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Japan’s SoftBank Group Corp., the world’s largest technology investor, is ready to go on the offensive again after a year of struggling with missteps, losses and tanking markets.

The conglomerate logged a profit of more than $6 billion in the July-September quarter, driven by rising share prices and valuations for some of its portfolio companies.

The strong performance continues a remarkable comeback for the Japanese conglomerate—best known for its $100 billion Vision Fund—as well as its mercurial Chief Executive Masayoshi Son.

Half a year ago, the company had to report a $9 billion annual loss, its worst ever. Now the share price is rising—it was up another 5.4% on Monday—investment returns are up and the company is sitting on a huge cash pile.

“We can go on the attack at the same time as we keep strengthening our defenses," Mr. Son said at a news conference in Tokyo, the first in six months where he spoke to reporters in person.

There was one sour note. The company said its high-profile foray into public-market investing, which has given it a portfolio of tech stocks such as Amazon.com Inc. that are worth nearly $17 billion, had a stumble in the quarter by losing nearly $3 billion on derivatives transactions.

SoftBank has faced pressure for change from investors including activist Elliott Management Corp., which bought a big stake in Mr. Son’s company earlier this year.

In one response to investors’ concerns, Mr. Son removed his three deputies from the SoftBank board, saying he wanted to increase the proportion of independent directors to provide more checks on his power. The three—Vision Fund CEO Rajeev Misra, SoftBank Chief Operating Officer Marcelo Claure and Chief Strategy Officer Katsunori Sago—will retain their operational authority, he said.

Yasir al-Rumayyan, the head of Saudi Arabia’s Public Investment Fund—Vision Fund’s largest outside investor—also resigned effective Monday.

In the six months ended Sept. 30, SoftBank booked an investment gain of ¥2 trillion, equivalent to $19 billion, including ¥1.3 trillion from improved performance at the Vision Fund as well as its more modest successor, Vision Fund 2. The gains put both funds solidly in the black, with Vision Fund 1 valued at $1.4 billion more than the cost of the 83 investments it was still holding at the end of the quarter.

For the July-September quarter, net profit came to ¥627.5 billion, or $6.1 billion. In the July-September quarter a year ago, SoftBank logged a $6.4 billion net loss. That was caused in part by writing down the value of its investment in office-share firm WeWork, which Mr. Son described as a lapse of judgment on his part.

One star performer this past quarter has been Chinese online real-estate broker Beike Zhaofang, a Vision Fund 2 investment whose share price has shot up since it went public in New York in August. SoftBank said it had booked paper gains of ¥537 billion on the investment. Vision Fund 2 had 13 investments valued at $7.6 billion at the end of September, $5 billion more than cost, SoftBank said.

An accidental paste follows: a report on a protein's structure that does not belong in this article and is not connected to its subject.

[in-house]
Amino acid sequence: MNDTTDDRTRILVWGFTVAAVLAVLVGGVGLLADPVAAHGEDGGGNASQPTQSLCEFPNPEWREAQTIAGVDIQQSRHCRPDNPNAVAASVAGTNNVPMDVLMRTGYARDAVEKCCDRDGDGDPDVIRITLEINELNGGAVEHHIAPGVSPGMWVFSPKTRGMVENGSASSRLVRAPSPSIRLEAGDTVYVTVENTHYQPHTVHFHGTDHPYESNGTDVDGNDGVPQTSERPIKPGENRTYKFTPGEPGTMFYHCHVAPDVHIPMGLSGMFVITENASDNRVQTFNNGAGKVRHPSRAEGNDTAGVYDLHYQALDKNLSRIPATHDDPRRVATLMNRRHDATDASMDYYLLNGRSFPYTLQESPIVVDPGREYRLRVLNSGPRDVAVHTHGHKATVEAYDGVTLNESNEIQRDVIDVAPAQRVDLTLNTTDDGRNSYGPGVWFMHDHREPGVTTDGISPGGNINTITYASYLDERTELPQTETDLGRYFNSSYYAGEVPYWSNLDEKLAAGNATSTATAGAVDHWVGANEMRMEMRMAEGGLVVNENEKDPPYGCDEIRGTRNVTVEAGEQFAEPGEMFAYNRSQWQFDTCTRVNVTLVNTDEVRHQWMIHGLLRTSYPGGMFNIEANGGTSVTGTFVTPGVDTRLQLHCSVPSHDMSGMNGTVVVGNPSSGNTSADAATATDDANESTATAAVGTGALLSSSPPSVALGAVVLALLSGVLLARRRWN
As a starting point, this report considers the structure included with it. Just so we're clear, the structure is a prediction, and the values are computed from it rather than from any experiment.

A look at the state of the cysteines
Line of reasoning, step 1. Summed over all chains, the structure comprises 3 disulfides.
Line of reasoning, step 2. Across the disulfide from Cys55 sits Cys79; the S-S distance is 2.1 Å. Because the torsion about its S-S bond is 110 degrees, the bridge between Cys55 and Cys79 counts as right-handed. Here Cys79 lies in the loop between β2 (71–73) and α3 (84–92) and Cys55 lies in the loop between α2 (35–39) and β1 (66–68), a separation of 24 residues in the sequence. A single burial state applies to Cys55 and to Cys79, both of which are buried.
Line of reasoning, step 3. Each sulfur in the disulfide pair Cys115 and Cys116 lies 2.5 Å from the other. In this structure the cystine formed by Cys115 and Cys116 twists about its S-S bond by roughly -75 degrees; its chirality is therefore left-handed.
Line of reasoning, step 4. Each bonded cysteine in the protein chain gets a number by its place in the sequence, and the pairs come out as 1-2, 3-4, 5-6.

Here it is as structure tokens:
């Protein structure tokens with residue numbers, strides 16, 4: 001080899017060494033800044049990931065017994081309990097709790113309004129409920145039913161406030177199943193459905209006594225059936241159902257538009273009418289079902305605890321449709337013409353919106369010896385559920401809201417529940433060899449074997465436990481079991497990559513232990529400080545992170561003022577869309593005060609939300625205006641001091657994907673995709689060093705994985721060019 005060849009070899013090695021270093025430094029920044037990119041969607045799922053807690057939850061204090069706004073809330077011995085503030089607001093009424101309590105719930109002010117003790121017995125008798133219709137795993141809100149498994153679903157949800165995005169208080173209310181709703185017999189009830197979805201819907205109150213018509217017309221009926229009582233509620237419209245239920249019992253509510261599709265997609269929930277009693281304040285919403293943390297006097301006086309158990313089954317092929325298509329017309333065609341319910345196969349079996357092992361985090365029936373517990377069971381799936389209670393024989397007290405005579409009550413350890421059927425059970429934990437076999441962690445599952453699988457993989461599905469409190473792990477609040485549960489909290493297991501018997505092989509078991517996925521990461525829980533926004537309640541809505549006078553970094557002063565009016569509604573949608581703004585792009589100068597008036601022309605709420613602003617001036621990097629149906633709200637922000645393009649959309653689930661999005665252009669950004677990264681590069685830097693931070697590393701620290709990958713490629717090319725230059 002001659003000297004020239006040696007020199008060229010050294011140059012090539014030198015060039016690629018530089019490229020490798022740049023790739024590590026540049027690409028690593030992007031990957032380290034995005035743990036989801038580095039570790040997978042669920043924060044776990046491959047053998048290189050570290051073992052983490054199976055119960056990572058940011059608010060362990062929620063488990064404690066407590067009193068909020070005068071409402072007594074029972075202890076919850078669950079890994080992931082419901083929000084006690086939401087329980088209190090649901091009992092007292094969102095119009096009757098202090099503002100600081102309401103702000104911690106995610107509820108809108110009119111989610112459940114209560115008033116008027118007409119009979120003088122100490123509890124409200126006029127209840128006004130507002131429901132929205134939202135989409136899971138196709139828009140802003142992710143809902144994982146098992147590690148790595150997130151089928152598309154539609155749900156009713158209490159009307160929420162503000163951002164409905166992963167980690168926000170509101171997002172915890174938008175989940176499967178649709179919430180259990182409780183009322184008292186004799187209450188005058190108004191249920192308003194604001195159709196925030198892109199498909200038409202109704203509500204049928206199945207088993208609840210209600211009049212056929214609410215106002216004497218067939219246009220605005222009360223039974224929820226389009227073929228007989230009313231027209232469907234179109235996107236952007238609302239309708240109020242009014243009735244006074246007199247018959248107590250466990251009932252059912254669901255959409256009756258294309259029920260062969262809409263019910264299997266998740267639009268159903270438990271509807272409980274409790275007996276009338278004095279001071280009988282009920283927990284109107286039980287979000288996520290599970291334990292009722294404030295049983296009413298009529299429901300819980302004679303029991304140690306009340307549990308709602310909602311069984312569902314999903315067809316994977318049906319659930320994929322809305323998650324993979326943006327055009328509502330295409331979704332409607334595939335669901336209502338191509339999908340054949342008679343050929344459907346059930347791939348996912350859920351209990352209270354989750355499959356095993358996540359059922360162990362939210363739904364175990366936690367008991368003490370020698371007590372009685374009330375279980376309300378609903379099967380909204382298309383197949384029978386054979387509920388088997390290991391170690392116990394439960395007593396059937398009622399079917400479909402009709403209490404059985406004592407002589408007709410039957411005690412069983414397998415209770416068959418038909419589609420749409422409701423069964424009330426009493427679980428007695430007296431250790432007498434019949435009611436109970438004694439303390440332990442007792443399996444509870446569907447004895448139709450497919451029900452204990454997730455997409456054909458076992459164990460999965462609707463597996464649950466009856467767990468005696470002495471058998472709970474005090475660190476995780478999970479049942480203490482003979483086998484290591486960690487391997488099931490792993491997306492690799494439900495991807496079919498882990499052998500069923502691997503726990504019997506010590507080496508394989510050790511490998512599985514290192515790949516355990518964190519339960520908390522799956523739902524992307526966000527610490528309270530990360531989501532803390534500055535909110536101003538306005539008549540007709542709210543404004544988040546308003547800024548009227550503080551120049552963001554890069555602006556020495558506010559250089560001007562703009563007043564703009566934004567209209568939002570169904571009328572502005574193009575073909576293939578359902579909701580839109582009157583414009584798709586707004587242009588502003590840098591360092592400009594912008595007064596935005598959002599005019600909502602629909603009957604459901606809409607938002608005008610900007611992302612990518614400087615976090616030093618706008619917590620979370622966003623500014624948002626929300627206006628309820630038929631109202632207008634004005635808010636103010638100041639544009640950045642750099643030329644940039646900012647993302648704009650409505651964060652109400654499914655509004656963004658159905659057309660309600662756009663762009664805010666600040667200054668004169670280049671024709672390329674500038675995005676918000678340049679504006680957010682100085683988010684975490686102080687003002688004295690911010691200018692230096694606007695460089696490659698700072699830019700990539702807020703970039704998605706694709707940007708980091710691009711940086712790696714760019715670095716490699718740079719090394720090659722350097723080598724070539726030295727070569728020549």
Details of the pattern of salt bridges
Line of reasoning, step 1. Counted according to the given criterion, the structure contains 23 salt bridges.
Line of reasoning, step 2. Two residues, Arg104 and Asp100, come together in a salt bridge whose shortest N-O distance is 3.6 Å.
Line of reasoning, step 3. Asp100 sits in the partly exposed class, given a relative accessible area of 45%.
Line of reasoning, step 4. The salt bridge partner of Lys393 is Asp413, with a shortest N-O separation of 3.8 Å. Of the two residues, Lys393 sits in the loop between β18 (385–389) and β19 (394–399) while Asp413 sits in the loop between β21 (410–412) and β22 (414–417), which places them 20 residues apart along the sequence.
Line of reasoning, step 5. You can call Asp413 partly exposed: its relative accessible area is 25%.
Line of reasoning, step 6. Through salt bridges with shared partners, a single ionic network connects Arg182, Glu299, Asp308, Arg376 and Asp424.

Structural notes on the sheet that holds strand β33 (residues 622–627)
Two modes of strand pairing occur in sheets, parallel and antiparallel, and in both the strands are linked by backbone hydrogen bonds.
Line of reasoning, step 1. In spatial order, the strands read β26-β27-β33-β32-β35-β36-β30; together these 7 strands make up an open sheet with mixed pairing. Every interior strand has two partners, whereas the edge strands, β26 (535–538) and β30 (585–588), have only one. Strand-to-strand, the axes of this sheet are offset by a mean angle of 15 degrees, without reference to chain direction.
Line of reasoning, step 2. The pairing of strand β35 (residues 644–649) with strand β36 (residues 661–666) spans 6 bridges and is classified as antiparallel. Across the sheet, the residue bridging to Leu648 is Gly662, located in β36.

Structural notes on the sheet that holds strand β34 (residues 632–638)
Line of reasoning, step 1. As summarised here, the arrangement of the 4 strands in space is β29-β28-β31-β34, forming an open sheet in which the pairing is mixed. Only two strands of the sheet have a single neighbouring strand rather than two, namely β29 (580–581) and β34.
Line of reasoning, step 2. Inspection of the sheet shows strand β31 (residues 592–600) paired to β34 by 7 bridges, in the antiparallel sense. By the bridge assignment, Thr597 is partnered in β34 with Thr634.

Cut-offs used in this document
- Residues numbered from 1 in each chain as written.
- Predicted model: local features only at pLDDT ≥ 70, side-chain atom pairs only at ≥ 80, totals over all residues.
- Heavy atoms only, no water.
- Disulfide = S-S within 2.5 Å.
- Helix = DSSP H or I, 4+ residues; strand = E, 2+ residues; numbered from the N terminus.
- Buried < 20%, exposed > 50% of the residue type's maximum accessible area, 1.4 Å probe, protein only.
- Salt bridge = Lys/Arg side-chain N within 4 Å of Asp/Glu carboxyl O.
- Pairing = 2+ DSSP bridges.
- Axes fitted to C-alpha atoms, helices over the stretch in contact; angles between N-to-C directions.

SoftBank has been the sole funder for Vision Fund 2 after an attempt to attract outside investors flopped last year. Mr. Son said Monday the door is always open for outside investors.

Since March, SoftBank has been implementing one of the world’s most aggressive asset-sale and share-repurchase programs, signing more than $90 billion in deals—including a September agreement to sell U.K. chip designer Arm Holdings to U.S. chip maker Nvidia Corp. for up to $40 billion.

Those deals, which include the sale of most of its stake in T-Mobile US Inc. and a reduction of its stake in its Japanese mobile-phone unit, have turned SoftBank into a company whose main business is investments.

It has bought back around $11 billion of its own stock so far, with a further $12 billion or so to come.

It is repurchasing debt as well, but the company still has potentially tens of billions of dollars in surplus cash to spend. Possibilities include further buybacks, new investments or even a bid by Mr. Son to take the company private.

He said Monday the company was “keeping all options at hand" and declined to discuss the possibility of a management buyout. He said it was unlikely SoftBank would buy another company, such as a telecommunications firm, with a business whose operations he would have to run.

Investors have been concerned about SoftBank’s recent move into publicly listed tech stocks and options, at one point pushing SoftBank’s share price down as much as 7%. The unit that is mainly responsible, a new asset-management arm named SB Northstar, is overseen and partly funded by Mr. Son himself.

SoftBank said it had almost $16.8 billion in tech stocks at the end of September, including more than $6 billion in Amazon and $2 billion in Facebook Inc.

Mr. Son brushed aside the concerns about such investments and the ¥292 billion ($2.8 billion) derivatives loss reported for the quarter, which SoftBank said included losses on futures contracts on stock indexes. He said the fair value of SoftBank’s options at the end of September was $3.4 billion, or only 1.2% of the value of SoftBank’s equity holdings and not enough to make much of a dent even if all the options went to zero.

While some have questioned why Mr. Son is spending so much time on stock trading when his primary interest has traditionally been younger, earlier-stage companies, he said the asset-management unit’s bets were in line with SoftBank’s goal of investing in companies that would power an artificial-intelligence revolution.

This story has been published from a wire agency feed without modifications to the text

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